I thought I was philosophical last night; it turns out I was in critical mode. My son was watching DVDs of Murder, She Wrote episodes. I was watching Angela Lansbury act, or watching how she portrayed Jessica Fletcher, reflecting on her performance as compared to her performance as a 17-year-old in Gaslight, which I finally saw this past week, of a smart-mouthed, upstart maid.
Angela Lansbury is my favorite actress. She started out her career as more assured than I could imagine someone that young could possibly be. She was great. She was supposed to be self-assured, to contrast with the psychic disintegration of Ingrid Bergman’s character. Lansbury’s character was supposed to intimidate Bergman’s, and she was completely convincing. Of course this is also due to Bergman’s genius. Lansbury is also supposed to suggest, very subtly and delicately, the maid’s loose morals, and she walks a very fine line in doing so. It is an astonishingly powerful performance.
Another amazing performance is in a movie I don’t really like but am very glad I saw, The Manchurian Candidate. Don’t read this if you don’t want to read a spoiler for this movie. Angela Lansbury is completely amazing in this movie. She establishes herself as a normal mother through at least the first half of the movie, but in concert with the rest of the movie, she slowly lets you see that there is something not quite right underneath, that she has something sinister at her core, and when the complete revelation comes, it is powerfully shocking. She is so totally evil that you can’t believe this is Angela—our beloved Angela!—the enemy agent responsible for directing her brainwashed son to be a murderer. You realize with horror she has programmed him to murder his fiancée and prospective father-in-law, and that she is slowly readying him to assassinate political figures for her and her organization’s power over the American people.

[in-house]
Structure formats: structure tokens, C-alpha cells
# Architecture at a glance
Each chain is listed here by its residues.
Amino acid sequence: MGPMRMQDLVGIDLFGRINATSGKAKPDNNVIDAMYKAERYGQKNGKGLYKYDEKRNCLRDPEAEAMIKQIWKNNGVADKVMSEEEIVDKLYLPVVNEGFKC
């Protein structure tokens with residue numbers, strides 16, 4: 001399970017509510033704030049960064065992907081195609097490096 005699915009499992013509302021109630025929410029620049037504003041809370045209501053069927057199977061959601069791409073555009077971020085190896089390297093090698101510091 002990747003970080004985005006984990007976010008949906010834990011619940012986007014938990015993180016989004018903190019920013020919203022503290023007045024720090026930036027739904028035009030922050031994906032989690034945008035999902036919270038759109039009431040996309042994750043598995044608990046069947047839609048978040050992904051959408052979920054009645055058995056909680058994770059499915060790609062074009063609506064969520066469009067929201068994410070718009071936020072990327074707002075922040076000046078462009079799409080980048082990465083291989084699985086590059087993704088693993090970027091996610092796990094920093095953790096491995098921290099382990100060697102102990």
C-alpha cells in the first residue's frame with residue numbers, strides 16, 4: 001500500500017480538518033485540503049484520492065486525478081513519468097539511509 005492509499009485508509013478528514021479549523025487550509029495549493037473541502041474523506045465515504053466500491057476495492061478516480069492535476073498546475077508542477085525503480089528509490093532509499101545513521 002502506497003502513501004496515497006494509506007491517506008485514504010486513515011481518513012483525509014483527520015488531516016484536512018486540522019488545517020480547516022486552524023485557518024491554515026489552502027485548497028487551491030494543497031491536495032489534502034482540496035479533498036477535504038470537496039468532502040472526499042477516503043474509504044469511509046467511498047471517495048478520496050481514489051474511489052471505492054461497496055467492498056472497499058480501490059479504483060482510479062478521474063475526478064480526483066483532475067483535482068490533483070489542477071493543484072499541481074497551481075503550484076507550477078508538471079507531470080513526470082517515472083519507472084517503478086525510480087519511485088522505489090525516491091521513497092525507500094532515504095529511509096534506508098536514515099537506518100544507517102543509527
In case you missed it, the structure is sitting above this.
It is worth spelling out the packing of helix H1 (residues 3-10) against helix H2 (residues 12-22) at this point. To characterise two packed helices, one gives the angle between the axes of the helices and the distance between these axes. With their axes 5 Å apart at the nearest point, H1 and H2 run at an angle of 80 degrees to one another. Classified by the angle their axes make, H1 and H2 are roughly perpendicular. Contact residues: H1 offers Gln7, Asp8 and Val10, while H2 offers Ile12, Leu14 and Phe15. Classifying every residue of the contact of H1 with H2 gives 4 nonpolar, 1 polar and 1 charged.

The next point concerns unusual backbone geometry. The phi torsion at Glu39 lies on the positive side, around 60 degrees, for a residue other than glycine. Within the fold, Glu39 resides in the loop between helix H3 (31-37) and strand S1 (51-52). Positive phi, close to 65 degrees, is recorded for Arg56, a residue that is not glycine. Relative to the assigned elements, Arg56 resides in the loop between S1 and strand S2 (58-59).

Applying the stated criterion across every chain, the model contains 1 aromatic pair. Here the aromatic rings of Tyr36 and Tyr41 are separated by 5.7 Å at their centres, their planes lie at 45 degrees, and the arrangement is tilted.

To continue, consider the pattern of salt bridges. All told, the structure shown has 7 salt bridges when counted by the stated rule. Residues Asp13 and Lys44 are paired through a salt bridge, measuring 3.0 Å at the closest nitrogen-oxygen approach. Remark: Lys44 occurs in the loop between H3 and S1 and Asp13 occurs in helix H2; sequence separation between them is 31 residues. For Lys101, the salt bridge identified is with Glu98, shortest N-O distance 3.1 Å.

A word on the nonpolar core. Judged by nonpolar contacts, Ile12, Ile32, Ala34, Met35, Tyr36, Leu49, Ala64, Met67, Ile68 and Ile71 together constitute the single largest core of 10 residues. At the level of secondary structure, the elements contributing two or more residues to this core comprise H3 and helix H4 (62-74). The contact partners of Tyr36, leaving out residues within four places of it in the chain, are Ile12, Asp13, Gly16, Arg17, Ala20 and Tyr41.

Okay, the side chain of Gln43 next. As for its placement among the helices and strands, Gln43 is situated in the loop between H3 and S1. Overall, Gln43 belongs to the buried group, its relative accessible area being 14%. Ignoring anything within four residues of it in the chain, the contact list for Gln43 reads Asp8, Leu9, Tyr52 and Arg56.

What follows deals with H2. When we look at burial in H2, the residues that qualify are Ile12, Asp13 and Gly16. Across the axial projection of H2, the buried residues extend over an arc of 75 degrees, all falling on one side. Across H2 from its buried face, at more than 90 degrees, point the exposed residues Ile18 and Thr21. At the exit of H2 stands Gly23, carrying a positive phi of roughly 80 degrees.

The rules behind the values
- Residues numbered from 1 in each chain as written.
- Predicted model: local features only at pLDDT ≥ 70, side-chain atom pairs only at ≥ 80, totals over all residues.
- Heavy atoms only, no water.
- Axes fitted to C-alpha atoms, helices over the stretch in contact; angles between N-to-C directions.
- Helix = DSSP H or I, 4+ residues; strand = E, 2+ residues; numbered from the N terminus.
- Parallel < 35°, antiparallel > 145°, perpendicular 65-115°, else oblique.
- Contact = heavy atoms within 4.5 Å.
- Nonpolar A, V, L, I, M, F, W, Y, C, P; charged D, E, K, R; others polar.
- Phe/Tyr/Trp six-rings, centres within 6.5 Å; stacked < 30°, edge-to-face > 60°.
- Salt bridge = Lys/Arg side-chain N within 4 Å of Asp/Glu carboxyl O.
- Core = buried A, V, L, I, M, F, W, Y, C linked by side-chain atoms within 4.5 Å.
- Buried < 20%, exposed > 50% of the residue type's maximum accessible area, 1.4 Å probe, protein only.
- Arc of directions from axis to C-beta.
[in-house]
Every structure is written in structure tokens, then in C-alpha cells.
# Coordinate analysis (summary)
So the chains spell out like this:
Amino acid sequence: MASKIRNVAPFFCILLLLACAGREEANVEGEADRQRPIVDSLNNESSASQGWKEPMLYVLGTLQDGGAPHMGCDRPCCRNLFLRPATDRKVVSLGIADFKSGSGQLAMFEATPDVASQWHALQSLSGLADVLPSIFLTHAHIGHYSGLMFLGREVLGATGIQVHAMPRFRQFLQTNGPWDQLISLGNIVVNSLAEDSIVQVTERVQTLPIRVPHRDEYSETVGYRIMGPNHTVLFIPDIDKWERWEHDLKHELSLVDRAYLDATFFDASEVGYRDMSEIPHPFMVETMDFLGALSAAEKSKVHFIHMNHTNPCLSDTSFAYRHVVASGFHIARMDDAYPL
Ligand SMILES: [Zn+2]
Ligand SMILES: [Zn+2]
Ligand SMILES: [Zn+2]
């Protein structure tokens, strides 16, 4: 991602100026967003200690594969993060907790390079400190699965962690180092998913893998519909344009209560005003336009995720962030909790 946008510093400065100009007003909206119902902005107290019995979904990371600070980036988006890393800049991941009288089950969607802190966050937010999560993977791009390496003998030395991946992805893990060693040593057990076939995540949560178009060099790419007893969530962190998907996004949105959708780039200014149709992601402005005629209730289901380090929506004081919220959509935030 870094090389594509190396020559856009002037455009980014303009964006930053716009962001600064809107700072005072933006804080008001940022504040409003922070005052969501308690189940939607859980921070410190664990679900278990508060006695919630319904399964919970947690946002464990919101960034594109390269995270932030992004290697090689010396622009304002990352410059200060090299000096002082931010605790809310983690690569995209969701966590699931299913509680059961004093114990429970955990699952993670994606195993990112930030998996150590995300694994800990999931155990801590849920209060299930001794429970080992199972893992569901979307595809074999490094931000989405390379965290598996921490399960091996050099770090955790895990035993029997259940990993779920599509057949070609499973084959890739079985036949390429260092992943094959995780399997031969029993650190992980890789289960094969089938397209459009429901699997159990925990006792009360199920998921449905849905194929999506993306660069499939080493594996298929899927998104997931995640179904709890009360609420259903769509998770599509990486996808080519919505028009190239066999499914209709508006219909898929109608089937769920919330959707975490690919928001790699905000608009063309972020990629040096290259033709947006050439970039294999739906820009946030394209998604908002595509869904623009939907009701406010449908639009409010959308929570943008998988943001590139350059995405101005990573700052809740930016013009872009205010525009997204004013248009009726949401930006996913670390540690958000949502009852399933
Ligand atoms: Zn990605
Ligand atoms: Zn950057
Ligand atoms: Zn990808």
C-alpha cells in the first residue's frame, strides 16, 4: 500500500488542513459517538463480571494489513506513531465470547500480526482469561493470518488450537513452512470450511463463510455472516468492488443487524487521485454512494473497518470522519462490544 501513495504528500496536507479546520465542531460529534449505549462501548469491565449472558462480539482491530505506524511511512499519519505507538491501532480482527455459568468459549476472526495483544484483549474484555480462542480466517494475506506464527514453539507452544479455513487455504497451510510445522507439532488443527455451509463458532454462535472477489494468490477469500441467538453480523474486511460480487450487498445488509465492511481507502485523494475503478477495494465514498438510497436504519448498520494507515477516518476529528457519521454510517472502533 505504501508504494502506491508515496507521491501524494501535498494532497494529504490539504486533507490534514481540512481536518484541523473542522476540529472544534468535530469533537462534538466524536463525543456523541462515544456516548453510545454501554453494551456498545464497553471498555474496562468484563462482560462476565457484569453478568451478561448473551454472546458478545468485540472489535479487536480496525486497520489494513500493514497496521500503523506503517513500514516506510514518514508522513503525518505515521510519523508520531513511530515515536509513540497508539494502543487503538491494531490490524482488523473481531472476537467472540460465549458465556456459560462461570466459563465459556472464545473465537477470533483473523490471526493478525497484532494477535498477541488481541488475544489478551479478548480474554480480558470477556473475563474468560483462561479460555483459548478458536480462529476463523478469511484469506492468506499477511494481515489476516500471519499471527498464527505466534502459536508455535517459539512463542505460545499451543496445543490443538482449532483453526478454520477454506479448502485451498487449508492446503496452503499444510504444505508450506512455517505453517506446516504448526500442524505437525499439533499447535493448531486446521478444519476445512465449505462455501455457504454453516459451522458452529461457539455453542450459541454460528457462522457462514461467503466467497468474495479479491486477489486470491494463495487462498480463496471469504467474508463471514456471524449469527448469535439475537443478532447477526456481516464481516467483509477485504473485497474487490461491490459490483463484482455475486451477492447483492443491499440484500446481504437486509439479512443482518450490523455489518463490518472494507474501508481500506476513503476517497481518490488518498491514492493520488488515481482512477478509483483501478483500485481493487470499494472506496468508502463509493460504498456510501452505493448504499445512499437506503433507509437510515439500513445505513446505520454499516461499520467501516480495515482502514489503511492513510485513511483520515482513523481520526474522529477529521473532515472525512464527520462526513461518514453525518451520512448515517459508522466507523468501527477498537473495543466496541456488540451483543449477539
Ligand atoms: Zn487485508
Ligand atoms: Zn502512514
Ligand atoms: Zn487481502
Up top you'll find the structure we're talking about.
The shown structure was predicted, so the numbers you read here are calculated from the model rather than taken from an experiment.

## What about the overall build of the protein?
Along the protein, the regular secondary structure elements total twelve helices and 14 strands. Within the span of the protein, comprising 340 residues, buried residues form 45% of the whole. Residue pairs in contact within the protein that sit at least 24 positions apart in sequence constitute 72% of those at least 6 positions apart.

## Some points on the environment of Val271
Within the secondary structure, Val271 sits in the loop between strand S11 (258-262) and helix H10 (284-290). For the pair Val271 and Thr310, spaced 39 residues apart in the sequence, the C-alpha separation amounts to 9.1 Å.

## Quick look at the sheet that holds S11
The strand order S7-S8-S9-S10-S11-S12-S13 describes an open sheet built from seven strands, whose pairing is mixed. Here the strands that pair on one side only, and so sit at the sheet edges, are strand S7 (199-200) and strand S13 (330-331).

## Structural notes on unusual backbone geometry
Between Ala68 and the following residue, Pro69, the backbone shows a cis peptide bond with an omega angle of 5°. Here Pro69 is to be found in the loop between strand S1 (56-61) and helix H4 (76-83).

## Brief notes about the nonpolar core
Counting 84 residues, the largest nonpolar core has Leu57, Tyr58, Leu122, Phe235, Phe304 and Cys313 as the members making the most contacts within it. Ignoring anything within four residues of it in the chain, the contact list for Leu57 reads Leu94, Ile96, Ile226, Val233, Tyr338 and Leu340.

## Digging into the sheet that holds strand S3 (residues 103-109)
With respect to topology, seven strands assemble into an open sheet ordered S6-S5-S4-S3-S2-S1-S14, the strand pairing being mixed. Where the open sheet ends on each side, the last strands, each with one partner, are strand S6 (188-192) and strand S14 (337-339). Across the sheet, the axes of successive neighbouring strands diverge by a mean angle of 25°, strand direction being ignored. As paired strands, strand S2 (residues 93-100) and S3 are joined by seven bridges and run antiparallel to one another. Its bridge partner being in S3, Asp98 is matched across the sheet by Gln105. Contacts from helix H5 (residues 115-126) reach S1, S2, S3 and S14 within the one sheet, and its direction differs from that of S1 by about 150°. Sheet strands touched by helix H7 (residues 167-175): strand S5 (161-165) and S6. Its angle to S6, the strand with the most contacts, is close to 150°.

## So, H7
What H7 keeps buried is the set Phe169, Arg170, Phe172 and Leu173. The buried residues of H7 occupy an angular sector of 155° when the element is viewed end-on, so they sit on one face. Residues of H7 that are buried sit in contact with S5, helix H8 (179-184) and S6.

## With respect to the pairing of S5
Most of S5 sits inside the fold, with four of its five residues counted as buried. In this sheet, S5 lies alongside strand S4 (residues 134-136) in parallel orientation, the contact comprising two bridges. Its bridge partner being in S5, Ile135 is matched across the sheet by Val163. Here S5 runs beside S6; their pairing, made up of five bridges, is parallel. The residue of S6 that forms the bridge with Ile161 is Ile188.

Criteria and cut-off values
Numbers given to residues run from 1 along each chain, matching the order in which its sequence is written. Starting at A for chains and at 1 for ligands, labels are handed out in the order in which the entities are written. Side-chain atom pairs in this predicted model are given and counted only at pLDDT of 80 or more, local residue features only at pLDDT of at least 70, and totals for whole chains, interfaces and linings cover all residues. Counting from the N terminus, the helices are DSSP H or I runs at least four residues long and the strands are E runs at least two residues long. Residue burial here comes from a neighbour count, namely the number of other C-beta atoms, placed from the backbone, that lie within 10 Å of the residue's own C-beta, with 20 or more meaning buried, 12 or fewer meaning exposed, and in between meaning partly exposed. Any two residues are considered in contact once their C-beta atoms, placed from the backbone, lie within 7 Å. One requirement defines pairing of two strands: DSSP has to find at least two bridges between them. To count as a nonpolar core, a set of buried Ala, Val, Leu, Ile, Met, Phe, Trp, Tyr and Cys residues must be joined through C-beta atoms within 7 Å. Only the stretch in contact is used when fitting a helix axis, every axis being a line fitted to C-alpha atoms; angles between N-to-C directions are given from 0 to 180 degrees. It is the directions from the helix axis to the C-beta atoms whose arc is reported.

It always amazes me that she never seemed to get starring roles in any “A” movies, but now it doesn’t matter. Her performances are available to us on video or DVD and we can enjoy her spoiled princess in Danny Kaye’s hysterical The Court Jester, the pitiful Sybil Vane in The Picture of Dorian Gray, and in Samson and Delilah, she plays Delilah’s sister, the first love of Samson, whom she betrays and is accidentally killed by. My next favorites are the movies of the 1970s, Bedknobs and Broomsticks, in which she takes a correspondence course in witchcraft and saves England from a Nazi invasion; Death on the Nile, in which she plays the drunken romance novelist who first realizes who the culprit is and gets killed just as she’s about to tell Poirot; and The Mirror Crack’d, in which she plays Miss Marple with just about the characterization she would give a few years later to Jessica Fletcher. I loved her in the film of Rosamond Pilcher's The Shell Seekers, and in Mrs. 'Arris Goes to Paris, based on a book I liked as a young girl.
I got to see Angela Lansbury when she performed with the Mormon Tabernacle Choir in their Christmas concert of 2001. She was everything you expect: charming, gracious, completely professional, extremely talented, and although she was then 76 years old, she took care to ensure that her voice was just right on every number. (I had gone to see Frank Sinatra on his 75th birthday tour, and he was terrible most of the time—drunk, forgetting lyrics, letting his voice crack, rasping—it was painful to watch.)
Kudos to a terrific performer. Angela Lansbury should have gotten that Emmy all twelve times.